In Mesler’s work, childhood memories and traumas fuel meditations on class, design, and popular iconography, as well as explorations of the liquid, fluid, and mutable nature of the painting process. Surrender finds the artist exploring the power of acceptance, allowing emotions—and the physical and cultural forms in which they become constellated—to exist at the center of his project. Mesler’s new canvases are sharply tuned juxtapositions of language and image in which resonant phrases like “Mom” and “Don’t Cry” are rendered in text that is itself a graphic construction, written in letters made to resemble fire, milk, cocaine, or a Mercedes-Benz hood ornament.
The backgrounds against which these phrases appear are also suffused with autobiographical import, evoking key moments from the artist’s past. Mesler reproduces a 1980s Marimekko rainbow pattern, for instance, to channel both youthful wonder and over-determined menace; as the words “Hopes and Dreams” go up in flames atop it, he evokes a happy-sad reckoning with lost innocence.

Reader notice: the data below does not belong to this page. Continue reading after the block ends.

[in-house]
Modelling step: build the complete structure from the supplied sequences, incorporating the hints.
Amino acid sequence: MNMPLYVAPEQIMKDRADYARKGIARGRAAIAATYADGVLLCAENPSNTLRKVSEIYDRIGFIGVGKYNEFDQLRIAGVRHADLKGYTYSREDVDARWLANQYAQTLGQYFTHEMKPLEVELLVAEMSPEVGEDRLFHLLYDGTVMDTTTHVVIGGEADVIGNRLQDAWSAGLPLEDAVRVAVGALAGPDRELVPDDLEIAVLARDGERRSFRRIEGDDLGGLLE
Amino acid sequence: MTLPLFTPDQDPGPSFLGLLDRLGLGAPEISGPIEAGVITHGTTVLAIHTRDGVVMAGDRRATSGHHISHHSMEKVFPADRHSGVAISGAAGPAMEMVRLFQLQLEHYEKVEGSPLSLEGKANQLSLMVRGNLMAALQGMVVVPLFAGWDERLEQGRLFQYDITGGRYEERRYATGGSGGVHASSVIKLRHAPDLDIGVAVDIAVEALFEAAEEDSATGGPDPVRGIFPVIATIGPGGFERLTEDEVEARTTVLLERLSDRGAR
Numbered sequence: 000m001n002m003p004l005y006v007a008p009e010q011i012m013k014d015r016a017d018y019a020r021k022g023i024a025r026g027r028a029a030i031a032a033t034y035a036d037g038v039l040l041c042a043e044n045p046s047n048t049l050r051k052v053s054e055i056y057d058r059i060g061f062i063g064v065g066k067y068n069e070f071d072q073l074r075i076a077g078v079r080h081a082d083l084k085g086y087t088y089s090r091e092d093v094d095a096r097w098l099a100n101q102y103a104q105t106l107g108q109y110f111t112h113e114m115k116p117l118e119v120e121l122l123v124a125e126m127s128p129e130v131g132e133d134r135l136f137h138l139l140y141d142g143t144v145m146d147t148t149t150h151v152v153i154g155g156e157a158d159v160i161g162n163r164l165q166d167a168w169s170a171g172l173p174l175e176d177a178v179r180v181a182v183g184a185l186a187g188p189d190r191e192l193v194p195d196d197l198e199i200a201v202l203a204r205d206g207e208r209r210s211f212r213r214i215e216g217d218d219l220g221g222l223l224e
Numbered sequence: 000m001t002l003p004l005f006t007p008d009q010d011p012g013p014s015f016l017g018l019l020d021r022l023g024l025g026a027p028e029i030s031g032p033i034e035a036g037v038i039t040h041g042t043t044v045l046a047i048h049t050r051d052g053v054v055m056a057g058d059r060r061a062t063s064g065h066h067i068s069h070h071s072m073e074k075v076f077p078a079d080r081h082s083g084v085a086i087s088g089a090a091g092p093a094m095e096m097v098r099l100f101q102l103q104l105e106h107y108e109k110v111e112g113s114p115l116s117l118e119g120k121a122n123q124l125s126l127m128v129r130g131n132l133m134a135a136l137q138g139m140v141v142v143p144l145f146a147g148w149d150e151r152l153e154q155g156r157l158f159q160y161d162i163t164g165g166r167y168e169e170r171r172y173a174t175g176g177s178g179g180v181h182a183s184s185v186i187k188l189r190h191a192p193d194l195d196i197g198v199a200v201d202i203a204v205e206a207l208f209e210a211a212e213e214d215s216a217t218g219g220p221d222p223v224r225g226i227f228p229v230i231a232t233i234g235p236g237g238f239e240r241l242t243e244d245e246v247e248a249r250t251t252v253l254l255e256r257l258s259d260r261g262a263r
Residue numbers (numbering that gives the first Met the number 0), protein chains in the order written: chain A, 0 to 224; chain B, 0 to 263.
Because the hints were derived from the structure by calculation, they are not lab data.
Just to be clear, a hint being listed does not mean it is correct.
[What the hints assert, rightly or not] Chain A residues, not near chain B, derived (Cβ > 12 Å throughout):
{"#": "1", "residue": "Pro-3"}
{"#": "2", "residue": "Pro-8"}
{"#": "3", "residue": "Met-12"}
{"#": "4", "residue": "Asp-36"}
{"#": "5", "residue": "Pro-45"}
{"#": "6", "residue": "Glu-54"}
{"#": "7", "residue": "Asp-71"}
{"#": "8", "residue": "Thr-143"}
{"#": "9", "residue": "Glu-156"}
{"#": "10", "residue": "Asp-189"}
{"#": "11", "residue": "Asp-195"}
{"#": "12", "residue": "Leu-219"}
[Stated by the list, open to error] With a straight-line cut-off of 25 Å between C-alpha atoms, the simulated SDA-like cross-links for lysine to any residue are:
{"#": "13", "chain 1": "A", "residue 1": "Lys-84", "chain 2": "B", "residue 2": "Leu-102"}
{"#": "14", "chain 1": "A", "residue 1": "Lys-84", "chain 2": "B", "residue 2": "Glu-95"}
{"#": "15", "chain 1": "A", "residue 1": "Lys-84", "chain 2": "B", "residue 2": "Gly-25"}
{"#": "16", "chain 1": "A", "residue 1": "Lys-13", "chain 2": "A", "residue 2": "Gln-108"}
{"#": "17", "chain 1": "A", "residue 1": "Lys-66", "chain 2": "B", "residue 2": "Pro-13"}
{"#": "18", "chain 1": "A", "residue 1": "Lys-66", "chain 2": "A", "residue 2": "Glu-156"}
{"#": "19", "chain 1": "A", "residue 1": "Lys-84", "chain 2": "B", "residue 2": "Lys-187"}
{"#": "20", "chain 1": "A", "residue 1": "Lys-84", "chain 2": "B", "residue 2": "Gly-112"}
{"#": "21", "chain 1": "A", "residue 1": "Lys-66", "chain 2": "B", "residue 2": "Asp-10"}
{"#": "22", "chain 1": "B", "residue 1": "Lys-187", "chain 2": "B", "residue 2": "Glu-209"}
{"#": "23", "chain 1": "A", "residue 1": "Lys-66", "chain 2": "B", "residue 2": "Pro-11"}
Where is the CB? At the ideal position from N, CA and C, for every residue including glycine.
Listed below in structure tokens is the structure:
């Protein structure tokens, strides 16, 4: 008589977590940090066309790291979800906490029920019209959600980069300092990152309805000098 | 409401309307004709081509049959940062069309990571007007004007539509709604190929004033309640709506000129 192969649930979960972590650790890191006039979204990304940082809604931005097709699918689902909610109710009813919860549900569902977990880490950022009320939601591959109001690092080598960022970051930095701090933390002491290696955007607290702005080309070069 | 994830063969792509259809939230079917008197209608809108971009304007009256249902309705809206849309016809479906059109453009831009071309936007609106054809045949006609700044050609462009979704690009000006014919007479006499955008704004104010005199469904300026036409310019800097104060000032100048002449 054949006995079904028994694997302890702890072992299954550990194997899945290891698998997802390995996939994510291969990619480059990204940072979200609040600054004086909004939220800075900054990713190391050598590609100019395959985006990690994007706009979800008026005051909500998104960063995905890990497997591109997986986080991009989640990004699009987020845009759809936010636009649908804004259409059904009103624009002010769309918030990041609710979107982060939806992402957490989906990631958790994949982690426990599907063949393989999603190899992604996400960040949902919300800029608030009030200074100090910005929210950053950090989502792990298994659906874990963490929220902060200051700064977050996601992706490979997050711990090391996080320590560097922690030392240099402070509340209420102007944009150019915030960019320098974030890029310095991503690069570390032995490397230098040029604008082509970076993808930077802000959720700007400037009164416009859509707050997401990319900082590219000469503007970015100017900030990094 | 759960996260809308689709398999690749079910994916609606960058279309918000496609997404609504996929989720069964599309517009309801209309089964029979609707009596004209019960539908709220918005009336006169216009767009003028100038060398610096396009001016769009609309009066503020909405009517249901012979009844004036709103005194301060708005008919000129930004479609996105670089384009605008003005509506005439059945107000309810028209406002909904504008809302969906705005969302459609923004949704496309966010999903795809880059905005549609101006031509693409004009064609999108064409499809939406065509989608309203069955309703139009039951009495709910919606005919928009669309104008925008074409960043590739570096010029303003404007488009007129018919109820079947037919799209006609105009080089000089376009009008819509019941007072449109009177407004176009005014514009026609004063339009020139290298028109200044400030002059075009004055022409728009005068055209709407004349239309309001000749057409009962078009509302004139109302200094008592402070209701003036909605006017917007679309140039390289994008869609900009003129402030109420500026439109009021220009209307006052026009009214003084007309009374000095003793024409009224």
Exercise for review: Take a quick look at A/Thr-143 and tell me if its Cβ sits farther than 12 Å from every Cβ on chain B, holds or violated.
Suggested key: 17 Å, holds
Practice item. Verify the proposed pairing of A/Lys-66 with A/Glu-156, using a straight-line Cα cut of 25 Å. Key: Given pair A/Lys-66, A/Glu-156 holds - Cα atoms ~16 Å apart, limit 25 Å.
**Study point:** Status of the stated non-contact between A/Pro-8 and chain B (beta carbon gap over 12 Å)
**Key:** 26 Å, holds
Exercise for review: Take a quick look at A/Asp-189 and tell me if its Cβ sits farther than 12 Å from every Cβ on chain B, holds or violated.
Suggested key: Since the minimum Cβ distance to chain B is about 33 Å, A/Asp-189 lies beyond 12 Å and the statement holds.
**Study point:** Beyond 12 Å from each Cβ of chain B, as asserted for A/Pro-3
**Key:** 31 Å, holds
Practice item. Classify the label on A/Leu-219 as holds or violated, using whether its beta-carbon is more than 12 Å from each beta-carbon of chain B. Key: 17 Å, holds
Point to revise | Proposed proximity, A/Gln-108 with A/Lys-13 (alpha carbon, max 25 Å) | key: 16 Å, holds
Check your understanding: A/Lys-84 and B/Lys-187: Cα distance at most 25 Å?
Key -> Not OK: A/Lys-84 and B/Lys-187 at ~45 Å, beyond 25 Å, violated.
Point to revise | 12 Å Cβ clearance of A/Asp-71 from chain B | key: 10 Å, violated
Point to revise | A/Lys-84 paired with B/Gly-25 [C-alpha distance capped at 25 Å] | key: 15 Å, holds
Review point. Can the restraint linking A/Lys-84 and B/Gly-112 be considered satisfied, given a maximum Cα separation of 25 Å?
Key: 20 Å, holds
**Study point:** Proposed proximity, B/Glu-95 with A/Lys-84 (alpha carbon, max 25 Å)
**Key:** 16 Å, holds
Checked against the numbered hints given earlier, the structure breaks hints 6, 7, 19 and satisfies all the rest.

And in his new works on paper, each of which has been executed on a David Kordansky Gallery exhibition poster from the early 2000s, Mesler directly addresses his journey as both an artist and an art dealer, as well as his formative years in Los Angeles and the trials and triumphs that have made the last two decades an unlikely story of personal and professional homecoming.
Joel Mesler Surrender January 16th – March 6th, 2021 David Kordansky Gallery